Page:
Bailey and Potter, CPA

Detailed and accurate weather for New England. PLEASE support us by using our sponsors.

Site News ...

Welcome to the NEW I'm very excited about the new site layout. I hope you are as well. There are some links in the main menu panel that will NOT take you anywhere, These links will ALL work as I continue to add content in the days and weeks ahead. If you find anything that doesn't work as you'd expect, please let me know by sending me an email at: EMAIL LINK.
As more content becomes available, I'll let you know.
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Stuff to make using the site easier ..

I use abbreviations for many things:
Precip = Precipitation
SWS = Special Weather Statements
I will continue to add more to this list as I think of them.
I update the forecasts by 7AM and 7PM each day...more frequently if some weather thing is going on.

I am based in Peterborough, NH, but the main forecasts (for now) are for Nashua, NH and the region. I send out an email every Thursday that covers the upcoming weekend forecast. I also send out advisories when issued by the NWS to this list. You will NEVER get SPAM or emails from anyone else. I don't share my mail list with anyone. If you'd like to be a part of that mailing, send your email address to: Mail List


How I started...

I've been a weather hobbyist all of my life. As a child, I used to stand outside in the rain during thunderstorms just to watch the lightning. Back in the '70s getting weather information was a chore. I remember listening to NWS broadcasts during hurricane season and plotting these on a piece of paper. After moving to New England I finally bought my first real weather station made by Davis Instruments. I began to record daily weather data in a journal. I had a few people, where I work, who knew I was a weather nut, ask me to send them an e-mail on the weekend forecast. So two grew to five then 15, then 40, and now my Thursday weekend mail list reaches over 200+ people. I took some web programming classes in the late '90s and a few years after that was born. I wanted to share my hobby with anyone who was interested, and I am quite overwhelmed with how many people seem to be interested. I've gotten so many "thank yous" for a variety of reasons..."saved my party", "saved my wedding", "saved my life." It's been fun and rewarding all at the same time.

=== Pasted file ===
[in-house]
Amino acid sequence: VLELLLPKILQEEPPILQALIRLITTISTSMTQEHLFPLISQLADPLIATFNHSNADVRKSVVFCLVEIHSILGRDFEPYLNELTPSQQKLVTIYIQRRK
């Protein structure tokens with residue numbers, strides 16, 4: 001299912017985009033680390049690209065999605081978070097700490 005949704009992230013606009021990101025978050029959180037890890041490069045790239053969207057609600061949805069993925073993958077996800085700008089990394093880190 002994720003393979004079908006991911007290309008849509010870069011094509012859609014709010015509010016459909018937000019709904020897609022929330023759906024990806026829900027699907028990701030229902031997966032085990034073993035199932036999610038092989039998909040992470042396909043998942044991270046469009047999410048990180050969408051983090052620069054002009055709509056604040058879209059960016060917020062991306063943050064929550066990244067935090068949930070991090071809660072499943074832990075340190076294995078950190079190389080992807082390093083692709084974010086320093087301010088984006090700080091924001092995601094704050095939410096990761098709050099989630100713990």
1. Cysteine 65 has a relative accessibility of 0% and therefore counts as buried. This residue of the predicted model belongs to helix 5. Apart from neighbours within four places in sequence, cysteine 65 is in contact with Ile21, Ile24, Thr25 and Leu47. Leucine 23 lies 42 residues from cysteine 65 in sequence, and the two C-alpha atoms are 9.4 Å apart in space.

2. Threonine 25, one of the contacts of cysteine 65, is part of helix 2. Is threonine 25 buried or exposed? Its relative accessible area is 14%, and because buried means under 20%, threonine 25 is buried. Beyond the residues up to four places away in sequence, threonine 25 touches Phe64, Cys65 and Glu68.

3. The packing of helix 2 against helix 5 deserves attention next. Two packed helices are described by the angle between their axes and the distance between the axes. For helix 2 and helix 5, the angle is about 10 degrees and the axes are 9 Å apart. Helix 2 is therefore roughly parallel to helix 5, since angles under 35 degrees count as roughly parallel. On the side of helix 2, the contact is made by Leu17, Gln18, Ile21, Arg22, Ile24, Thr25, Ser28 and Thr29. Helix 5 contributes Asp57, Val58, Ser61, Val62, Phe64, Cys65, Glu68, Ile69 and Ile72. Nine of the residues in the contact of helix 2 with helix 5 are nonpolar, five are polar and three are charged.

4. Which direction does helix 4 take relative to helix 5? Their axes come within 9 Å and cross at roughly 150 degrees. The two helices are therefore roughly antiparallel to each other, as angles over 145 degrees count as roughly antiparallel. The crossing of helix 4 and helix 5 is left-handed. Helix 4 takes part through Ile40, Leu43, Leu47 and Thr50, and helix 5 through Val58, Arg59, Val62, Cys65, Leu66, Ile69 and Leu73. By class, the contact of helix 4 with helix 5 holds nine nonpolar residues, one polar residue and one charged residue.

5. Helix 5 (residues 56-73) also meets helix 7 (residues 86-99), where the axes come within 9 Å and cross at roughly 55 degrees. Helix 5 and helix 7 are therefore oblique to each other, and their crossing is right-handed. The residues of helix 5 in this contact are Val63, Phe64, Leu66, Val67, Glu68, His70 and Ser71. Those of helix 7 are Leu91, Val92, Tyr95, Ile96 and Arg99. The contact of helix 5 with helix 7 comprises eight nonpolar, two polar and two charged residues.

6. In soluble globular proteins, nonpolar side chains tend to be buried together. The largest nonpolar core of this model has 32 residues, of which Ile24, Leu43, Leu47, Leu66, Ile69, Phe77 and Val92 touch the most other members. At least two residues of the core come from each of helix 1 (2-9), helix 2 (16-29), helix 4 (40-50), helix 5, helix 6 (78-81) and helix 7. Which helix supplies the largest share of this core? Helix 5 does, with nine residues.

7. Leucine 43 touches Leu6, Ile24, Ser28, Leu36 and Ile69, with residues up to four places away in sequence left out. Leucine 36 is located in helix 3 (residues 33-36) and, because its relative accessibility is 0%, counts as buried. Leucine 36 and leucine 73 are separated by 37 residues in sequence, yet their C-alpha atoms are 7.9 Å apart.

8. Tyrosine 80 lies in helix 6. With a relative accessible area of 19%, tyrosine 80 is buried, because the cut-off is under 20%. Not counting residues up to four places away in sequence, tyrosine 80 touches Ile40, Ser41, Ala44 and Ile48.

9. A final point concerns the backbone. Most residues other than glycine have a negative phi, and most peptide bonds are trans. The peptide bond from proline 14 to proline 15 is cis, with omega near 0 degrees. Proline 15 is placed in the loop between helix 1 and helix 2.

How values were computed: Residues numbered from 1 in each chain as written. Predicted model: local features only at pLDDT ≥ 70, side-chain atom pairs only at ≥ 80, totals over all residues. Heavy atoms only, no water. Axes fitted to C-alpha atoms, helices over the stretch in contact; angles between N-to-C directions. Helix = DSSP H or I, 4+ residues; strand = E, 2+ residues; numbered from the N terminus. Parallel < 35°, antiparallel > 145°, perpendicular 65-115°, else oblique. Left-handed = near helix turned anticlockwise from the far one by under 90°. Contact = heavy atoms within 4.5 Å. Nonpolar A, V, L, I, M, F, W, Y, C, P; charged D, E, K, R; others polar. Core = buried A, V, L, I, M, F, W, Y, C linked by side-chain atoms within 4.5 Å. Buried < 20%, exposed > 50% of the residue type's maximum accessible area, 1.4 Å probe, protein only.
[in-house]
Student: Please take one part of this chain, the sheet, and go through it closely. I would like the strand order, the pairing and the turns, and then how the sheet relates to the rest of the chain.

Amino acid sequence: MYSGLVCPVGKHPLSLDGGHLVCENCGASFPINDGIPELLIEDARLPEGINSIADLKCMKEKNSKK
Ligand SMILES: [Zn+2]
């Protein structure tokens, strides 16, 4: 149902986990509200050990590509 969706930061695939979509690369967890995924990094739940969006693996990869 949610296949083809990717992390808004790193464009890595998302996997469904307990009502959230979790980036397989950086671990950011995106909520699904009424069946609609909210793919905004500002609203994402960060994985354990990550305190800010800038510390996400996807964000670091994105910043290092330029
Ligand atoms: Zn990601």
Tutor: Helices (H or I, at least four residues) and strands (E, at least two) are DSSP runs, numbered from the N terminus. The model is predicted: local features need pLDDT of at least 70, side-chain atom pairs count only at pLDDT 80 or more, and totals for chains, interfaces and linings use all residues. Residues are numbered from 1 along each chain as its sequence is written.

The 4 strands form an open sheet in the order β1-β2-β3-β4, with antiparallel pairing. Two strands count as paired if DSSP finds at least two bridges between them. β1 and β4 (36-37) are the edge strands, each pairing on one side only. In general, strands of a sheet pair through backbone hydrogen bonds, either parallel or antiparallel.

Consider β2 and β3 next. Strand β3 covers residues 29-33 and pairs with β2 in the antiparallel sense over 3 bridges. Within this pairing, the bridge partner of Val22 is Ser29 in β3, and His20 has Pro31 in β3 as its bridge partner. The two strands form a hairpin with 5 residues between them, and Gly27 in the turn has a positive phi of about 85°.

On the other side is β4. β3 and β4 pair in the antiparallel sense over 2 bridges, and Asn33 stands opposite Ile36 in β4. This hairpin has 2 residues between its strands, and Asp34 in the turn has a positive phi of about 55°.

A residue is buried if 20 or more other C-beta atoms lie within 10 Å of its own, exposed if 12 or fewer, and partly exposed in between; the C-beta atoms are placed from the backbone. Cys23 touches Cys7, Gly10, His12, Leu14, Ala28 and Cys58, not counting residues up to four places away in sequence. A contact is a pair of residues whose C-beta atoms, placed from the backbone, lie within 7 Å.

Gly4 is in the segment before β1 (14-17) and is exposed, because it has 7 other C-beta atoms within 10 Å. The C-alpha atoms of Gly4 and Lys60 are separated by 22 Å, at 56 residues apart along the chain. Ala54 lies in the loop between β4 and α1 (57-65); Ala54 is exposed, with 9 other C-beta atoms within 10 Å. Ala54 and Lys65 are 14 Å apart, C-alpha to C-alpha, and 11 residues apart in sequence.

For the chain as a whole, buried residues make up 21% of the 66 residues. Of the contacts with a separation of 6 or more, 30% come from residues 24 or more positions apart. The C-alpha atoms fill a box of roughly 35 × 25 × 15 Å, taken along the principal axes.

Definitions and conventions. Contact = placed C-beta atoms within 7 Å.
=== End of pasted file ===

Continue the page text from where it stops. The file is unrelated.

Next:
Thanks for visiting Please tell your friends and family.



Your Source for Everything I'm Interested in !!

Hurricanes 2008

2008 Season Tracking Page

Hurricane "Season" runs from June 1 through November 30.

Last updated: Sunday, April 5, 2009 1:04 PM

Click on the storm name to view the tracking maps and the latest
NHC (National Hurricane Center) warnings.

These tracks are updated early AM or Noon, then again by 7PM each day
Constant updates for any storm threatening New England
See the Hurricane Survival Guide

2008 Storm Season breaking records

See the 2008 Storm Summary from the NHC

Storm Name & Link
Current Strength
(*Wind Speed)
Last Updated
Where is it now?
Highest Wind Speed
30 MPH
7PM, June 2
40 MPH
70 MPH
July 20, 5PM
Extra Tropical
120 MPH
45 MPH
July 23 6AM
Extra tropical
65 MPH
35 MPH
July 24 5PM
Dies over Texas
100 MPH
35 MPH
Aug. 5 5PM
Dies over Texas
50 MPH
35 MPH
Aug. 23 10 PM
Becomes depression
65 MPH
35 MPH
Sep. 2 4AM
Dies Inland over LA
145 MPH
50 MPH
Sep. 7 5AM
Extra Tropical
80 MPH
35 MPH
Sep. 14 4AM
Inland Arkansas-Depression
145 MPH
30 MPH